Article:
12 thoughts on “Referring to “Lost Profits” in Liability-Limiting Provisions”
Another way would be to positively state an exclusive measure of what we usually think of as direct damages (even thought it is wrong). One would be the difference in market values between what was delivered and what was required. Another would be the cost of fixing what was delivered to comply with what was required or acquiring what was supposed to be delivered to conform with what was required. If you state one of those as the only remedy (other than indemnity for third party claims, or as the exclusive remedy for the core obligations, or whatever), that might fix the issue, depending on the deal.
I don’t buy the argument that what I am trying to do is eliminate remote damages. I realize that is what some people think, but that’s not what I am trying to do by eliminating consequential damages.
So what *are* you trying to do by eliminating consequential damages if not eliminate remote damages?
I think “liability-limiting provision” sounds better than “limiting-liability provision,” as “dog-eating barbarian” sounds better than “eating-dog barbarian.”
I think that “dog-eating barbarian” sounds better than “liability-limiting provision.”
You’re right. But my starting point was what the section itself might be called. I’m still undecided.
The section title should be “Liability Limited.” So what if it sounds like a railroad?
90% of attorneys’ job is to fuss over the Dog-Eating Barbarian provision. You trying to put people out of work, job-stealer!
P.S. big fan of ditching these types of provisions; won’t happen until my boss and everyone in his generation retires and even then, it’s 6 to 1 and pick ’em we lose this unhelpful rule.
For what it’s worth, the English have struggled with pretty much the same issues as your case addresses – here’s a link to an article by Linklaters – the title says it all!
“UK – Indirect & Consequential Losses Including…..Not Very Much”
In my industry (oil and gas/energy construction), parties almost always seek to limit recovery of much direct (pure economic) damage as well. For that reason, and because of cases like these, most parties agree to list the heads of loss categories independent of their characterization as direct or indirect/consequential.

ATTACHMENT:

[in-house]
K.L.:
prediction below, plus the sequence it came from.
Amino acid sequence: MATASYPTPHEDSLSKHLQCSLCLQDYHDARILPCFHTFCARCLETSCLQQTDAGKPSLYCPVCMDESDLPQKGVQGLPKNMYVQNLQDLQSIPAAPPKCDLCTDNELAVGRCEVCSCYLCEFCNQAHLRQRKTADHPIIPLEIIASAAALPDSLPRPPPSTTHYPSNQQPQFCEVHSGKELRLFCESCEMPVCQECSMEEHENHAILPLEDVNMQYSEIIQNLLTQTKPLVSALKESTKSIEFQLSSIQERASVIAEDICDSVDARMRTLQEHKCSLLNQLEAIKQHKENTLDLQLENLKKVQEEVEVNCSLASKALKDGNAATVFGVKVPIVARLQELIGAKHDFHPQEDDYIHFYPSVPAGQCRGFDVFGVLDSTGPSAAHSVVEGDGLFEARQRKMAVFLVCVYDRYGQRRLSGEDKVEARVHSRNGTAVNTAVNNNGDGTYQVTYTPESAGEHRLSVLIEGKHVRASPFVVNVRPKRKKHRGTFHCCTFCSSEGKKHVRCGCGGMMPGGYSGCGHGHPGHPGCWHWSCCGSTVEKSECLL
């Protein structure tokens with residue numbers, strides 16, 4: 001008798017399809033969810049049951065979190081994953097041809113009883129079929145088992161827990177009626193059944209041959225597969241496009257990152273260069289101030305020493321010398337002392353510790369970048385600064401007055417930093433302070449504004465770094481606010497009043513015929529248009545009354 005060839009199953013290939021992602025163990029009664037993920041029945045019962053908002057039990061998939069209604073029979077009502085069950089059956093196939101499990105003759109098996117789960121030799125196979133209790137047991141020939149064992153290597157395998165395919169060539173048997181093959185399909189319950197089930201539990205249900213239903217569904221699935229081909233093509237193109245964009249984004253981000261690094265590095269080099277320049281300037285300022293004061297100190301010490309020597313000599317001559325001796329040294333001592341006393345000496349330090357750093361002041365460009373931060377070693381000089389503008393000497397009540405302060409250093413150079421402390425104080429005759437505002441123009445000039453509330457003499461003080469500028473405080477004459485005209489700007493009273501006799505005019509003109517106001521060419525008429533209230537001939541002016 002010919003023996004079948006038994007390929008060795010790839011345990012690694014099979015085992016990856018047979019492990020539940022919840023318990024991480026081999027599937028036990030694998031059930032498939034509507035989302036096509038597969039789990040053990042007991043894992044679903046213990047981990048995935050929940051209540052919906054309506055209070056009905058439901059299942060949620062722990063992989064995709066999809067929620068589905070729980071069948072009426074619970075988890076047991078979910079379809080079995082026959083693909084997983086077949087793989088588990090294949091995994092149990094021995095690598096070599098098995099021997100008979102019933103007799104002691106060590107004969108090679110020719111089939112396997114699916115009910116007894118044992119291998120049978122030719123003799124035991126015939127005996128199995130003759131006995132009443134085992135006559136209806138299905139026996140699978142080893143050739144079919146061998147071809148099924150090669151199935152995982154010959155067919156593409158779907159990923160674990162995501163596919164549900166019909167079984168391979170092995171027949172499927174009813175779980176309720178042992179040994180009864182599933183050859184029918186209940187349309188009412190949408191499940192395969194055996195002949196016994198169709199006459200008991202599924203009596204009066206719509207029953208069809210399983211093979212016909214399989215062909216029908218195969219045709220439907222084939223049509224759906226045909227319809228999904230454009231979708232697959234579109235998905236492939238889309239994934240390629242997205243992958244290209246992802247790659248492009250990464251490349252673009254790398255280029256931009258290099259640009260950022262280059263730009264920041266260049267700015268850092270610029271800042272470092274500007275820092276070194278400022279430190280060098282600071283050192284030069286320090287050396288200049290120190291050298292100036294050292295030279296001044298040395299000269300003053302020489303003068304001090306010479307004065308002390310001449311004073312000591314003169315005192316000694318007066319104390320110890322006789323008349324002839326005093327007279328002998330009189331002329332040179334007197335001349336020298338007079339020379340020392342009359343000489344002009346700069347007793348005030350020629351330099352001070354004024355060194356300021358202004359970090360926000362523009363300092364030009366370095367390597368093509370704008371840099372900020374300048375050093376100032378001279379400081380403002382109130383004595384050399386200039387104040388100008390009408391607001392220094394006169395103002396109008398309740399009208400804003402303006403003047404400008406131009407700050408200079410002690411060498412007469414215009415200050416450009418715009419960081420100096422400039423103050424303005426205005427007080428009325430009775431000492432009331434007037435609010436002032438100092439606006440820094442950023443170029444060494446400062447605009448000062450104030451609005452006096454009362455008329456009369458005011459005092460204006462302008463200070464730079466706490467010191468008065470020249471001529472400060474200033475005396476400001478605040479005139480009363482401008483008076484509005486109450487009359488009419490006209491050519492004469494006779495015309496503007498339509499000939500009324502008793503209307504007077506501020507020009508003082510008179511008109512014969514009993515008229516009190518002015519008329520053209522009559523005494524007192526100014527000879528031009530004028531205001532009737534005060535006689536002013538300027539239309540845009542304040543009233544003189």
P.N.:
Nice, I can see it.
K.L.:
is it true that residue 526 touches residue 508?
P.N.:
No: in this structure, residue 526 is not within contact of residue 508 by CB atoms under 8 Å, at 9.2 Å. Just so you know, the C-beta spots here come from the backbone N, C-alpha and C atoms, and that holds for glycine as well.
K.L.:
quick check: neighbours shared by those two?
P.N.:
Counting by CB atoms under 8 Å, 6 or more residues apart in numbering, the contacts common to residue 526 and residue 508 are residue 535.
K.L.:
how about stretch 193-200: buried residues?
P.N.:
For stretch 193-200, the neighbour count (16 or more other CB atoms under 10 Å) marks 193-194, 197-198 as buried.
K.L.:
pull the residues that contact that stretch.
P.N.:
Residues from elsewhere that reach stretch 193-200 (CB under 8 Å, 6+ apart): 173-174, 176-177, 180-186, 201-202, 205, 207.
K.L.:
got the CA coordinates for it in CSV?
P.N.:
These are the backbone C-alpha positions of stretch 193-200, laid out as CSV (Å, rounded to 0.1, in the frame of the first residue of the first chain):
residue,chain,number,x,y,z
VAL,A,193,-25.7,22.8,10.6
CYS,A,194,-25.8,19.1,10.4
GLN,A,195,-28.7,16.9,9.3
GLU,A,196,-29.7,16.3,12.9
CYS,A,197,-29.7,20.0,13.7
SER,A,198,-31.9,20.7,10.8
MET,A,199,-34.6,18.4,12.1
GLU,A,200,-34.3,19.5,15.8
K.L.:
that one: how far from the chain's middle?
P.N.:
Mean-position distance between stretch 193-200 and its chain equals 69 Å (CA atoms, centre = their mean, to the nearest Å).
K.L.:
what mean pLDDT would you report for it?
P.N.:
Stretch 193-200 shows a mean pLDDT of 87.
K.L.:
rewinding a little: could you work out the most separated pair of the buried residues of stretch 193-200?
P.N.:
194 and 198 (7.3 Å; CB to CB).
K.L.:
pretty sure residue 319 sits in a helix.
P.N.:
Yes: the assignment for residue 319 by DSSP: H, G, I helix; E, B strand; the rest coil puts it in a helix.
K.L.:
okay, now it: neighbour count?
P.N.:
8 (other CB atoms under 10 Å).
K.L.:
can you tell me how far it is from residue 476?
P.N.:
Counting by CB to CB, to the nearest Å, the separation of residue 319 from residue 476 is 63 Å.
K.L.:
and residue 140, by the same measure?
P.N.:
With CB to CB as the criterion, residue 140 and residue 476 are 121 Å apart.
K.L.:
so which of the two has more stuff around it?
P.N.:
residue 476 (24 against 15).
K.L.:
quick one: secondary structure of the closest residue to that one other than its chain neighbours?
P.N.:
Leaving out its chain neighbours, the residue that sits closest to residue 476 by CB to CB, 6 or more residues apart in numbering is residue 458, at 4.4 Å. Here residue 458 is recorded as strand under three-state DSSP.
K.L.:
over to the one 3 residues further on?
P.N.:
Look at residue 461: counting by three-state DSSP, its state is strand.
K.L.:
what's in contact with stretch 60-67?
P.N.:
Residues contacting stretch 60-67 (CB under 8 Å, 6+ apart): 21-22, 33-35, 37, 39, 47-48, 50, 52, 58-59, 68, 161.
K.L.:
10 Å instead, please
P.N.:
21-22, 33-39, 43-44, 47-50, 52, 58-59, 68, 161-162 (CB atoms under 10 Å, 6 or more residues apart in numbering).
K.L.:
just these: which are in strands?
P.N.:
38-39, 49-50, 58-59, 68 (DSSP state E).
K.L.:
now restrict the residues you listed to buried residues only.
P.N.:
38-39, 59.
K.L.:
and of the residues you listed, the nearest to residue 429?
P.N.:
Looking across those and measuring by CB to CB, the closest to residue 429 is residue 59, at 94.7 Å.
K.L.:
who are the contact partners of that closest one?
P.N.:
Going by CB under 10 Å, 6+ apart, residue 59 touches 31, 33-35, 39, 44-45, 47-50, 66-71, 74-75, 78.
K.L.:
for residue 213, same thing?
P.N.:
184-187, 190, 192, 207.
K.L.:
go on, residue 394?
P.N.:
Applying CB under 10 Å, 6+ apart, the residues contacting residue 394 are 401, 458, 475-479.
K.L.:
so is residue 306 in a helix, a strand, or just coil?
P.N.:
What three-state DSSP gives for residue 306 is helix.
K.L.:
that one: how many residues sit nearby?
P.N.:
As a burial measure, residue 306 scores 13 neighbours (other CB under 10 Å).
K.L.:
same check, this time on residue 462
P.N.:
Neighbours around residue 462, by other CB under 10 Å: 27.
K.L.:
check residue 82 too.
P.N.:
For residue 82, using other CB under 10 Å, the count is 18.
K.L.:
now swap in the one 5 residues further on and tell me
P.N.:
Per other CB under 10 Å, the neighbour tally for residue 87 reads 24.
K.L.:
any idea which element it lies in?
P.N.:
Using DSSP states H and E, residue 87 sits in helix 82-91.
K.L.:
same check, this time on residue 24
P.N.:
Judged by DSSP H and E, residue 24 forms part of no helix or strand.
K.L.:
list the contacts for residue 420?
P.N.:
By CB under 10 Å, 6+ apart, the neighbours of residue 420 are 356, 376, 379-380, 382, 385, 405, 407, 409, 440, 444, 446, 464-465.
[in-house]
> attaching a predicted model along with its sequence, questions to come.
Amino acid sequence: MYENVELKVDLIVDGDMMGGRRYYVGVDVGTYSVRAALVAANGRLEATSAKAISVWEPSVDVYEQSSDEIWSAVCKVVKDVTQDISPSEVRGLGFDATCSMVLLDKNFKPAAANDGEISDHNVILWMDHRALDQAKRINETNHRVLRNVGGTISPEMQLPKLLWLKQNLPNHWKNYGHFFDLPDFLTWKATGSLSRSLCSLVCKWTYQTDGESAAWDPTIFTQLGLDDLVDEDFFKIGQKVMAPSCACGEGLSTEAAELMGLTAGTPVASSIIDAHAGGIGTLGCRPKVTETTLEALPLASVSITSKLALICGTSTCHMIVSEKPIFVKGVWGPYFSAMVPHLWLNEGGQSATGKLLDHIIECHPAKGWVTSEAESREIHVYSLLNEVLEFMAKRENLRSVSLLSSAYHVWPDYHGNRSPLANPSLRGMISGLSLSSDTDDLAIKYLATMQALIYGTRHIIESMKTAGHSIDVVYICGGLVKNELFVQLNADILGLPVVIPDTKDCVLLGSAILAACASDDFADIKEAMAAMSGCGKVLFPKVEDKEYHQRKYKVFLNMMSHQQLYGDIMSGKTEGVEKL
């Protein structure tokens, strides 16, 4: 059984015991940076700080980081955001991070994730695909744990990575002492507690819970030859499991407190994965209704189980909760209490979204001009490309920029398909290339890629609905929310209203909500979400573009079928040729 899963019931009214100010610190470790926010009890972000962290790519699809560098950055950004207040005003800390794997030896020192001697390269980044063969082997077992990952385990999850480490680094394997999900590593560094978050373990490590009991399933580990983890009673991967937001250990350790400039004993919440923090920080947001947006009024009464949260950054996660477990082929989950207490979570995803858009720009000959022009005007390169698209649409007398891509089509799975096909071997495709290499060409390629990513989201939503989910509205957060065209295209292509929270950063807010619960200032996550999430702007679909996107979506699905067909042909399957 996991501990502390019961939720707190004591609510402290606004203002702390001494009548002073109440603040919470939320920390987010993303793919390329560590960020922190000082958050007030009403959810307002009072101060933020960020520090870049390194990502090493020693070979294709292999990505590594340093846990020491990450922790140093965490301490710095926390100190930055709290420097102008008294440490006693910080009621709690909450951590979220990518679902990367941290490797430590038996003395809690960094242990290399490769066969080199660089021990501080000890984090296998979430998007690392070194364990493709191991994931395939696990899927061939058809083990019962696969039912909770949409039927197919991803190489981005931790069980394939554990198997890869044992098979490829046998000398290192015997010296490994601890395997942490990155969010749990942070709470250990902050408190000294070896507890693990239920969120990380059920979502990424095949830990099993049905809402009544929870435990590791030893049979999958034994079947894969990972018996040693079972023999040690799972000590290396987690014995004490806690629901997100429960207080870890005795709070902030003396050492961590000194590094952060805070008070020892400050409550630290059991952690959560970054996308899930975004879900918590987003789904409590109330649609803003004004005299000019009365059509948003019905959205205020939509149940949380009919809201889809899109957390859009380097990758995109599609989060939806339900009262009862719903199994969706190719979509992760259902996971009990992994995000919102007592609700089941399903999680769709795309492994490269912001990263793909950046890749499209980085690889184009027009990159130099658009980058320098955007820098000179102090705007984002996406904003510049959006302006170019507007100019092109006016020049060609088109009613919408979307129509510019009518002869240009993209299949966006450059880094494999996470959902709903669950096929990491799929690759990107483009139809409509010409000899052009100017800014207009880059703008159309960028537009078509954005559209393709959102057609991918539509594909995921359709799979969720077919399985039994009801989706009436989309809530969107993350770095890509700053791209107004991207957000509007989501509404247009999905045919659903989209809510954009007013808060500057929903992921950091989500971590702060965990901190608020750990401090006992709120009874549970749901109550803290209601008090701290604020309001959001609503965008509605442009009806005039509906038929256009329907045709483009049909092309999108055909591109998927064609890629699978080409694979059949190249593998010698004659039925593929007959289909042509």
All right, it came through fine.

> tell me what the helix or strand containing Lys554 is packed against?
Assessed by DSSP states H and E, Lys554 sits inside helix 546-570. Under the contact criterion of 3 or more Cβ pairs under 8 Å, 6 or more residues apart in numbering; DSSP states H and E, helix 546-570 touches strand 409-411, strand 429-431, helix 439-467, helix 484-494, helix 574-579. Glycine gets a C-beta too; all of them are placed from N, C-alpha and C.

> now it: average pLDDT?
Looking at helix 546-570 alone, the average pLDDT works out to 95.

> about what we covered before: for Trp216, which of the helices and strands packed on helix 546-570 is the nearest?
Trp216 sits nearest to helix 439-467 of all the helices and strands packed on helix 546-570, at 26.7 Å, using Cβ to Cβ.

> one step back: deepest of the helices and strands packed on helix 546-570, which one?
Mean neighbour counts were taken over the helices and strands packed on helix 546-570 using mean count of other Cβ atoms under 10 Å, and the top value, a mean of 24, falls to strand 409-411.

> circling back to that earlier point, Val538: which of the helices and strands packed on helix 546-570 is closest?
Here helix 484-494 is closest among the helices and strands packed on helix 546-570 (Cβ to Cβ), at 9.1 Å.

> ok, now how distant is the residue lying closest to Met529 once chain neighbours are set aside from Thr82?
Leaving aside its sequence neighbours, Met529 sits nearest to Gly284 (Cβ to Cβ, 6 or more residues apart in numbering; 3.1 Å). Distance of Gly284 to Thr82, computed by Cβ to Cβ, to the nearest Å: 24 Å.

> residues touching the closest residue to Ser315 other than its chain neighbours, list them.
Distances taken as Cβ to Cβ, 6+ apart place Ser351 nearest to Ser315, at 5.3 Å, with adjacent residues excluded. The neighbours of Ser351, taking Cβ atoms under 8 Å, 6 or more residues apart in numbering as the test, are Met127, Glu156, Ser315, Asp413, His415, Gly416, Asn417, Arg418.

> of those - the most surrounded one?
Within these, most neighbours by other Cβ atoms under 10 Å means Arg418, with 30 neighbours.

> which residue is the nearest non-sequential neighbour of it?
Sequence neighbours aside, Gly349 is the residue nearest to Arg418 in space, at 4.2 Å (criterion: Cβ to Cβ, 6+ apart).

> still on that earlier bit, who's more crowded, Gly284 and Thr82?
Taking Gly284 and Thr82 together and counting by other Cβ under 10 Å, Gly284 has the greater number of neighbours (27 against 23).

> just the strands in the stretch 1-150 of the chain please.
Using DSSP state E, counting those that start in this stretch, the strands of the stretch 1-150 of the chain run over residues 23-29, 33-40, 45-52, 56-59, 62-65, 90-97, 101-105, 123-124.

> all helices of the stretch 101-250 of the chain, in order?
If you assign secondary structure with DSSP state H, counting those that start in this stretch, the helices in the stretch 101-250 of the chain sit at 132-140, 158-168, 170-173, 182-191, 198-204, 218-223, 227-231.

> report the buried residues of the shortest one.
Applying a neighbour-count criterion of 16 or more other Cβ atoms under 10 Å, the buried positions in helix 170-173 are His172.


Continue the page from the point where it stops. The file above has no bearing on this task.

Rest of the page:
This may be a simplistic question, but does the limitation of liability limit the recovery for indemnification, or is the limitation only applicable to the parties to the contract?
Usually it’s made explicit if indemnification is carved out. Here’s a random example:
Doesn’t the definition of indemnification encompass all damages regardless of type or amount? Otherwise an LoL that limits damages to direct damages not to exceed the contract value would put the Indemnitee in jeopardy should the Indemnitee get sued for consequential damages at 2X the contract value based on the Indemnitor’s negligence.
I’m not arguing against precise language to protect against the above hypothetical, rather, it just seems the LoL is to limit the types and amount of damages the parties to the contract can claim against each other and has no bearing on third party claims. “NEITHER PARTY SHALL BE ENTITLED TO RECOVER FROM THE OTHER PARTY . . . .” Is Indemnification really one party recovering damages from the other party to the contract?
Thank you, Ken!
The indemnifying party covers whatever damages the indemnified party has to pay. If a nonparty brings a claim for consequential damages against the indemnified party and wins, I think it would be odd for the indemnifying party to claim that it shouldn’t be required to cover claims arising out of a nonparty’s consequential damages. Does that make sense?
I think so. And if I follow, it makes me believe the Limitation of Liability doesn’t need explicit language such as “except for claims of indemnification” to protect the indemnification clause. The carveout for indemnity seems unnecessary.